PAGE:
Many milestones in Pablo Ardiles' life revolved around music, even before he was born. His parents met in Tucuman, a province in northern Argentina, where his dad worked at the conservatory as a piano tuner and his mother was a piano student.
It was passion for music that initially brought Pablo to Pittsburgh. He flew from Argentina to the Steel City on Christmas Day 1990; flights were less expensive on the holiday. He arrived with his violin to learn more about the music program at Carnegie Mellon University and to meet the famous Cuban-born Andres Cardenes, who had just been appointed concertmaster of the Pittsburgh Symphony Orchestra.
Pablo's musical career took him back to Argentina three years later to work in San Luis, where he met Claudia, whom he married a year later in Pittsburgh.
When Pablo first arrived in Pittsburgh and entered the city through the Fort Pitt Tunnel, he said to himself, "I want to know more about the society that built this city."
He struggled with English. "It was a big barrier," he explains, but he spoke the universal language of music. "Even before I became a student, I had an opportunity to play in the Carnegie Mellon University Orchestra, and then I auditioned for Andres Cardenes."
Pablo impressed the concertmaster. "You have the level to be in the master's program and work as a graduate student, and we are offering scholarships. So if you are interested, you can start in September," Mr. Cardenes told him.
By then, Pablo had made up his mind. He liked the school and the orchestra. The opportunity to study under Mr. Cardenes pretty much sealed the deal. That's how Pablo became a master's student of music and violin performance at CMU.
In 1993, as Pablo was about to graduate, he decided to try his luck and apply for a green card while waiting at the International Students' Office. A few weeks later, he received a notification, which, as he understood it, told him he didn't get it. Disappointed, he put it away in a stack of papers. His family arrived in Pittsburgh to attend his graduate recital in May.
After graduation, on May 15, Pablo got a phone call from the conductor of Argentina's San Luis Orchestra, who was looking for a concertmaster. A former CMU student recommended Pablo for the job. The conductor wanted Pablo to audition, but he needed Pablo to be in San Luis before May 25. Pablo left his parents behind in Pittsburgh with a roommate who didn't speak Spanish. "It was all sign language between them," Pablo says, laughing.
Pablo flew back to Argentina and became the concertmaster of the San Luis Orchestra. Claudia was a manager of the orchestra at the time. "She did a lot of things," Pablo says. "She was a translator, psychologist and a baby sitter." The orchestra was an international bunch of musicians "with a spirit of adventure to go to San Luis, Argentina," as Pablo puts it. "And only someone like Claudia could manage it all. I admired her for how she could do all of it."
For Claudia, the job with the orchestra was a temporary gig, a way for her to earn some money and practice her English. At that time, she applied to continue her graduate studies in psychology in Spain. And then she met Pablo. They started dating, and that's when Pablo found out he was accepted to continue his work and education in violin performance at Duquesne University. The couple had to decide whether they would remain together. Pablo didn't think a long-distance relationship would work for him, so Claudia decided to apply to Duquesne. Pablo was back in Pittsburgh in the fall of 1993. Claudia moved to the Steel City, too. In January 1994 she started her graduate degree in counseling.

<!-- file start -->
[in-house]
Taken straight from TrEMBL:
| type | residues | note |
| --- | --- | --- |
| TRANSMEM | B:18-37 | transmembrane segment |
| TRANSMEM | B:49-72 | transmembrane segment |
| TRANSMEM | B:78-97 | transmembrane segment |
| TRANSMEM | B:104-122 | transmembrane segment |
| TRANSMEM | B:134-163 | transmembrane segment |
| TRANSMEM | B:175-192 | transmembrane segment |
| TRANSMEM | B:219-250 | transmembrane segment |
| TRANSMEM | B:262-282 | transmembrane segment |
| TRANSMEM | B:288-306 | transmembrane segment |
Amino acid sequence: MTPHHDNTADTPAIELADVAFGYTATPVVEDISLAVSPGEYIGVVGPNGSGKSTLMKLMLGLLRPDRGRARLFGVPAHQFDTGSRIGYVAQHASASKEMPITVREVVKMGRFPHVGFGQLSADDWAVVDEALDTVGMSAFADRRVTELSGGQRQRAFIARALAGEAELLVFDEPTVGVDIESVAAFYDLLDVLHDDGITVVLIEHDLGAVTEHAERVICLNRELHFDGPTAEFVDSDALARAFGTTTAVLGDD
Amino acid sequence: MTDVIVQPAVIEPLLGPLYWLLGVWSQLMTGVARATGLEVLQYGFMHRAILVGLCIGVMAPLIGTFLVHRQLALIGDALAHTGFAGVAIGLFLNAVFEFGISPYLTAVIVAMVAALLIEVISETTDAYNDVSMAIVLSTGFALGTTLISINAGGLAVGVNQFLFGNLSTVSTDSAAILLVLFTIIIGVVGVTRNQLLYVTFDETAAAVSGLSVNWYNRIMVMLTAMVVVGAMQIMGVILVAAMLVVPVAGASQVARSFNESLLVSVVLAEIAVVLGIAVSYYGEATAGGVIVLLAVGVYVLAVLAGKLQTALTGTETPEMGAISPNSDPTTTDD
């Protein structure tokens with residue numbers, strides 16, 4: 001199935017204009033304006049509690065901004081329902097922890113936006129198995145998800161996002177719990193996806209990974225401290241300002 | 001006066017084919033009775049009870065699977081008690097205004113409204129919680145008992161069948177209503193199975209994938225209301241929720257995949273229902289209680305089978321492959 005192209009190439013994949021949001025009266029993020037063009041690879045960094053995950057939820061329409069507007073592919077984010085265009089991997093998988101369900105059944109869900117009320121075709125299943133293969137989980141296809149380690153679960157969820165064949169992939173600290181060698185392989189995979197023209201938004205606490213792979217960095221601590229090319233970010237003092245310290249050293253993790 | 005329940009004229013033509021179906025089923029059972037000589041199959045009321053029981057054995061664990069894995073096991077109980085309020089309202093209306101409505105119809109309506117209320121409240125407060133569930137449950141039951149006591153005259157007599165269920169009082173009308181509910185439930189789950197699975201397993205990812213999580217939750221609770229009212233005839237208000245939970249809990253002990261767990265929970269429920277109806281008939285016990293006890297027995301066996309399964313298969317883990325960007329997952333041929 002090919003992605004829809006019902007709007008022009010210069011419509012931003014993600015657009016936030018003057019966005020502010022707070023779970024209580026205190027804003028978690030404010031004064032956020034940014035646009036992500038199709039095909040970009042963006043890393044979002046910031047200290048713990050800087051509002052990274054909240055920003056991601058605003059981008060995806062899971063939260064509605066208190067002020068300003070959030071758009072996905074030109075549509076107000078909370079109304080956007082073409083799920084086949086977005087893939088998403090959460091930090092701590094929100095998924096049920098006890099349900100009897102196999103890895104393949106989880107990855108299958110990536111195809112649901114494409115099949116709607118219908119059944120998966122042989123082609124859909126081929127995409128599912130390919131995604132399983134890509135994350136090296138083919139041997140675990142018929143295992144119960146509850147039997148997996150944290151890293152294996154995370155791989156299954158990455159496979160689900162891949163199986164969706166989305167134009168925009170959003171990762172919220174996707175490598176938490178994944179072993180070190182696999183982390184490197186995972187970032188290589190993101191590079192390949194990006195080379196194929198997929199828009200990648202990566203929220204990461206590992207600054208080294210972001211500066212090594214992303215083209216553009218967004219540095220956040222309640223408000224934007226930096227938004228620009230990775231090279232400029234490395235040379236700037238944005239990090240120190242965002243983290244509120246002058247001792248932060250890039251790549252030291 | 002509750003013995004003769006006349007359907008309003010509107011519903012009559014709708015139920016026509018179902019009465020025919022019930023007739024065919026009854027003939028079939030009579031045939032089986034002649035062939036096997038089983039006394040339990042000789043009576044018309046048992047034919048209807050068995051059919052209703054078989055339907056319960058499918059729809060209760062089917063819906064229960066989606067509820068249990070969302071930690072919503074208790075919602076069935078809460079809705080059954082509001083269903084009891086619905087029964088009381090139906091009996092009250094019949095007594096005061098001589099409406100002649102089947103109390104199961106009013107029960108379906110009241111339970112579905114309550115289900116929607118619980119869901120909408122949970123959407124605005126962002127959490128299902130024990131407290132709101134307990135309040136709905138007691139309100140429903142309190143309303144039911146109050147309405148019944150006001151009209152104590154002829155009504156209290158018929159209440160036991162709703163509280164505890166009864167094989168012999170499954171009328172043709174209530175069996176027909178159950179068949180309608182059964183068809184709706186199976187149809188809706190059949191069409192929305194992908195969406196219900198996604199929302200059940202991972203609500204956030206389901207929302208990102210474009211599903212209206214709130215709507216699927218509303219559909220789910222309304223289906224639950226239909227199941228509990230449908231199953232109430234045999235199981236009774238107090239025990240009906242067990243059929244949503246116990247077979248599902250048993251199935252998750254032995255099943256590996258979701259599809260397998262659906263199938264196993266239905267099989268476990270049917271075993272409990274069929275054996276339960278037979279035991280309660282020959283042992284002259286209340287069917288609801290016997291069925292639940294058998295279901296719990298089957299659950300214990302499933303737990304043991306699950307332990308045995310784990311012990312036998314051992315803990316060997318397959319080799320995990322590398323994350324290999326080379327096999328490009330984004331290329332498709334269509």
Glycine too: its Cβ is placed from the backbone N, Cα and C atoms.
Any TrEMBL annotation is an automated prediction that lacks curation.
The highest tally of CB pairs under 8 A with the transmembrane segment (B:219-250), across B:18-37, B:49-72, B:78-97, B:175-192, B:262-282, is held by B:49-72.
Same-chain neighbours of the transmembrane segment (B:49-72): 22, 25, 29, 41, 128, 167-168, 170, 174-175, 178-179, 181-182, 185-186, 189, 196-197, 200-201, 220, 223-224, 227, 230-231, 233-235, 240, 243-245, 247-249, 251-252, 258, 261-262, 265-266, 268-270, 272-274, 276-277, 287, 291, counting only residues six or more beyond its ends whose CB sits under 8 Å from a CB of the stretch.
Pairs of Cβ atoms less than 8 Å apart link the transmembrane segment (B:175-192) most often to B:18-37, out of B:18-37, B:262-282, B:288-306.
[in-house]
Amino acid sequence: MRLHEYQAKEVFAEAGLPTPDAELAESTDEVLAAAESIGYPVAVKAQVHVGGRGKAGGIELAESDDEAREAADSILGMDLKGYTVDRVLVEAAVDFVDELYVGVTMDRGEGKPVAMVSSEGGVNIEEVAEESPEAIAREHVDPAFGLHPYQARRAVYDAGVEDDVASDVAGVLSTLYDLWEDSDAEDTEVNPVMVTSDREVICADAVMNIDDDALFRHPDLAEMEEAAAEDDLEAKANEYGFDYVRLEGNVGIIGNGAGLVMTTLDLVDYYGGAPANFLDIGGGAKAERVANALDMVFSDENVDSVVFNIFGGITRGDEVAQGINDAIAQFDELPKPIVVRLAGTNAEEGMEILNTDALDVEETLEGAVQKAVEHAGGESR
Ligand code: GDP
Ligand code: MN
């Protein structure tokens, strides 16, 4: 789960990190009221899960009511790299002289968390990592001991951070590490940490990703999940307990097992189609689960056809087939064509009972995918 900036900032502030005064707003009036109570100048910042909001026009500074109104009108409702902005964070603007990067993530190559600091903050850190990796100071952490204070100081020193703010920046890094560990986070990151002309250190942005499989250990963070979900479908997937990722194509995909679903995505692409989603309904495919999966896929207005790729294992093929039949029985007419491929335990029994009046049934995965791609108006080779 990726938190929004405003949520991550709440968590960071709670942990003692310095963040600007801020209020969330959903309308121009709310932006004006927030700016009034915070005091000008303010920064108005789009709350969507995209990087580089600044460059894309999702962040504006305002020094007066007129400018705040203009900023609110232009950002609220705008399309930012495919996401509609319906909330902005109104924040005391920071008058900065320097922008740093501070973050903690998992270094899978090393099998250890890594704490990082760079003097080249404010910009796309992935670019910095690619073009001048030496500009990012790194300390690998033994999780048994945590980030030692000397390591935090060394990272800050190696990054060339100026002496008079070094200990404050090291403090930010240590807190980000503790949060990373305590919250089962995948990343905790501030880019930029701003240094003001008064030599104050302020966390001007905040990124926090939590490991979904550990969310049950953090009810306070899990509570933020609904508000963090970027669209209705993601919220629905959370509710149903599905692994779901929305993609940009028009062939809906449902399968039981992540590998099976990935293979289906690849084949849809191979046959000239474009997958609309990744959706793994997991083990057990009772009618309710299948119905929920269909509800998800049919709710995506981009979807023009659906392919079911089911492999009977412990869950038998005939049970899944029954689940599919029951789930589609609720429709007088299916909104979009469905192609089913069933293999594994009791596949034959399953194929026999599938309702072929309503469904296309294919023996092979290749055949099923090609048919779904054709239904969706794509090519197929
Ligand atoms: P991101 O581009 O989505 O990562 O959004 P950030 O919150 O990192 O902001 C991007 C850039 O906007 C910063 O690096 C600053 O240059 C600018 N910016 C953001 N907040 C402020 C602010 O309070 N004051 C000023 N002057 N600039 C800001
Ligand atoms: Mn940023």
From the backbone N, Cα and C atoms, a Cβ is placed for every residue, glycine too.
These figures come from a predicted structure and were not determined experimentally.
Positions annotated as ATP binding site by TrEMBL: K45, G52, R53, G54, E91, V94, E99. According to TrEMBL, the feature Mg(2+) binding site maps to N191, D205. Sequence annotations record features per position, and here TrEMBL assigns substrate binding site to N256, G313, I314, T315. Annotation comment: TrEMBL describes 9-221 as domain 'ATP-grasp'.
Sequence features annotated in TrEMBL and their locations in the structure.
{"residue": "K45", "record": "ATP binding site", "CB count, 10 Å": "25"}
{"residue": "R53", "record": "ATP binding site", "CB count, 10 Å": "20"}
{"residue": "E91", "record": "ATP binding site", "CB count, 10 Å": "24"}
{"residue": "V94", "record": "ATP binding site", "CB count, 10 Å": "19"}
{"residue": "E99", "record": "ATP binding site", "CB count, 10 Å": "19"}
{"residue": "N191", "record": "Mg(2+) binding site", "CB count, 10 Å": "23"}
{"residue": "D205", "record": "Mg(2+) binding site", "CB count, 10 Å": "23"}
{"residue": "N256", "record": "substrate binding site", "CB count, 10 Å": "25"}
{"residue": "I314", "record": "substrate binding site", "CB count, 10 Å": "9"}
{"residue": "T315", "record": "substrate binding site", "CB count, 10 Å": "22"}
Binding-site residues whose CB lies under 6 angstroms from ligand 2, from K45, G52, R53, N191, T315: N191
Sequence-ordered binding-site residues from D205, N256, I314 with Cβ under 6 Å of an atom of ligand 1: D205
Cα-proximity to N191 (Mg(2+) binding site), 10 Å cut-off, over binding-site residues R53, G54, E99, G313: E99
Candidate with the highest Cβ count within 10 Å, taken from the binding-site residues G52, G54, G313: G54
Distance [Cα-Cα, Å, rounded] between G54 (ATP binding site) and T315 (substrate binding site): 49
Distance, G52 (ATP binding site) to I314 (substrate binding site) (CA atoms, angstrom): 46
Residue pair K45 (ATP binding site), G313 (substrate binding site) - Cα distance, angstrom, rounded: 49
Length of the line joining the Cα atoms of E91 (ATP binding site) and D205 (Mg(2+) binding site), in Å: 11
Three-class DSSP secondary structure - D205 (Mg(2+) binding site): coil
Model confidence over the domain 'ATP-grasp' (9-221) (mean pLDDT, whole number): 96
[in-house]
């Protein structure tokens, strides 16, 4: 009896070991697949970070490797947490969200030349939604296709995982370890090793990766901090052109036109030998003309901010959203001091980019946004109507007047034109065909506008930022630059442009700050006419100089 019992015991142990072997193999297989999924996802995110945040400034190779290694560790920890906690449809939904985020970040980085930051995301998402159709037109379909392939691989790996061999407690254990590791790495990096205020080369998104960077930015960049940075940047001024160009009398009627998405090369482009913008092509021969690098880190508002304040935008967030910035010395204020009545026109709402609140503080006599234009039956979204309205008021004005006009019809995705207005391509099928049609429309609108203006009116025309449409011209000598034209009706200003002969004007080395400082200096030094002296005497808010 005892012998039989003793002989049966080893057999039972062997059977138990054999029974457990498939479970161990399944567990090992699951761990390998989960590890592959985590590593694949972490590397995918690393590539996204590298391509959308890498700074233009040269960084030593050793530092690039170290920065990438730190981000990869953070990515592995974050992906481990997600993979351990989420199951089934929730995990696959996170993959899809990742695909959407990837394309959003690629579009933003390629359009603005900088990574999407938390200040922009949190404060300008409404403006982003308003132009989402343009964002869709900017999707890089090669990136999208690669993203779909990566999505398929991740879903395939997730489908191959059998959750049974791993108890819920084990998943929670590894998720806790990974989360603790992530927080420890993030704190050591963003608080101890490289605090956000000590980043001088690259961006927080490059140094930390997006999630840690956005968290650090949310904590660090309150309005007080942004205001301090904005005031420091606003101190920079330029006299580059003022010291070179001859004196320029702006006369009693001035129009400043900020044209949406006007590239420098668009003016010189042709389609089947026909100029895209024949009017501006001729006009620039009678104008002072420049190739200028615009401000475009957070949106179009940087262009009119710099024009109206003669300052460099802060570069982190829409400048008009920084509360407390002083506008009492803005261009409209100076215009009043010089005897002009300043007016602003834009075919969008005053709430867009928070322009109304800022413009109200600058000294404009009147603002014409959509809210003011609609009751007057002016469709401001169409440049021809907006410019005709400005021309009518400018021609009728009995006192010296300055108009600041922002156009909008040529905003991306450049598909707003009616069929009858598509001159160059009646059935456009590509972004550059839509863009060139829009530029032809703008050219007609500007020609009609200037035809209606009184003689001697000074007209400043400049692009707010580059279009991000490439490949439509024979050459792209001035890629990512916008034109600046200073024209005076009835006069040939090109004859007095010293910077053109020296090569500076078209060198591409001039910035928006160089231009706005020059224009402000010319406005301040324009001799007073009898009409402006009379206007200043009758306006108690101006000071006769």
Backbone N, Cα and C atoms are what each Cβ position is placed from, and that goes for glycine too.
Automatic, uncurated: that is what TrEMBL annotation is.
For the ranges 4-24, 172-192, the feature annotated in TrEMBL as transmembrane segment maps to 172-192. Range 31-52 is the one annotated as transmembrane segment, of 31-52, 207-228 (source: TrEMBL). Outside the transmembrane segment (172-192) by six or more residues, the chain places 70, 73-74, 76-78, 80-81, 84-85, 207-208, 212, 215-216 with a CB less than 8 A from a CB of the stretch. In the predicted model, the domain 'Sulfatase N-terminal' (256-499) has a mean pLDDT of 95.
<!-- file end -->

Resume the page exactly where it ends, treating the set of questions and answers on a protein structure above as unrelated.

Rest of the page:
One day, Claudia was looking through a stack of Pablo's papers. She saw that notification letter about the green card. "What is this?" Claudia asked. "I applied for the green card lottery, but I didn't get it," he replied. "I think the opposite is true, you did get it," she said. At that point the deadline to submit the paperwork was two weeks away. "It just shows you how poor my English was, or maybe I read it too quickly," Pablo says.
Pablo and Claudia got married in July 1994.
In 2002, they adopted their first child, Santiago. Two years later, they adopted their daughter, Gabriela.
For the Ardileses, Pittsburgh is a perfect place to raise a family and have fulfilling careers. "Pittsburgh is big enough to have a great infrastructure, museums, places to go to, and it is also small enough for people to have a sense of community," said Claudia.
Claudia and Pablo love helping people: Claudia through counseling and her work as a therapist, Pablo as a violin instructor and music director at the Pittsburgh Youth Chamber Orchestra helping young people discover beauty. "What I like about being a musician is that I bring a little bit of transcendence to the world that seems to be caught up in science, productivity and efficiency. To spend time with another human and say, we are going to stop all that for a moment and say we are going to contemplate beauty for beauty itself, is a privilege. There is another world out there that you cannot see with your eyes or comprehend with your mind."
Pablo particularly enjoys working with youth. "I can have more impact on the education of the youth, because they are like sponges. They keep you young, too. Working with young people in music is like hitting the double jackpot. It forces you to change, to learn new things. They are like a current of life. ... They remind me that life goes on. I feel double-blessed."
This article is part of the Odysseys project through which the Pittsburgh Post-Gazette is trying to track immigrants from 193 countries in the United Nations, folks who made Pittsburgh their home. Read about countries we have found, and help us with those we are yet to make a connection at post-gazette.com/odysseys.
Mila Sanina: email@example.com and 412-263-1731.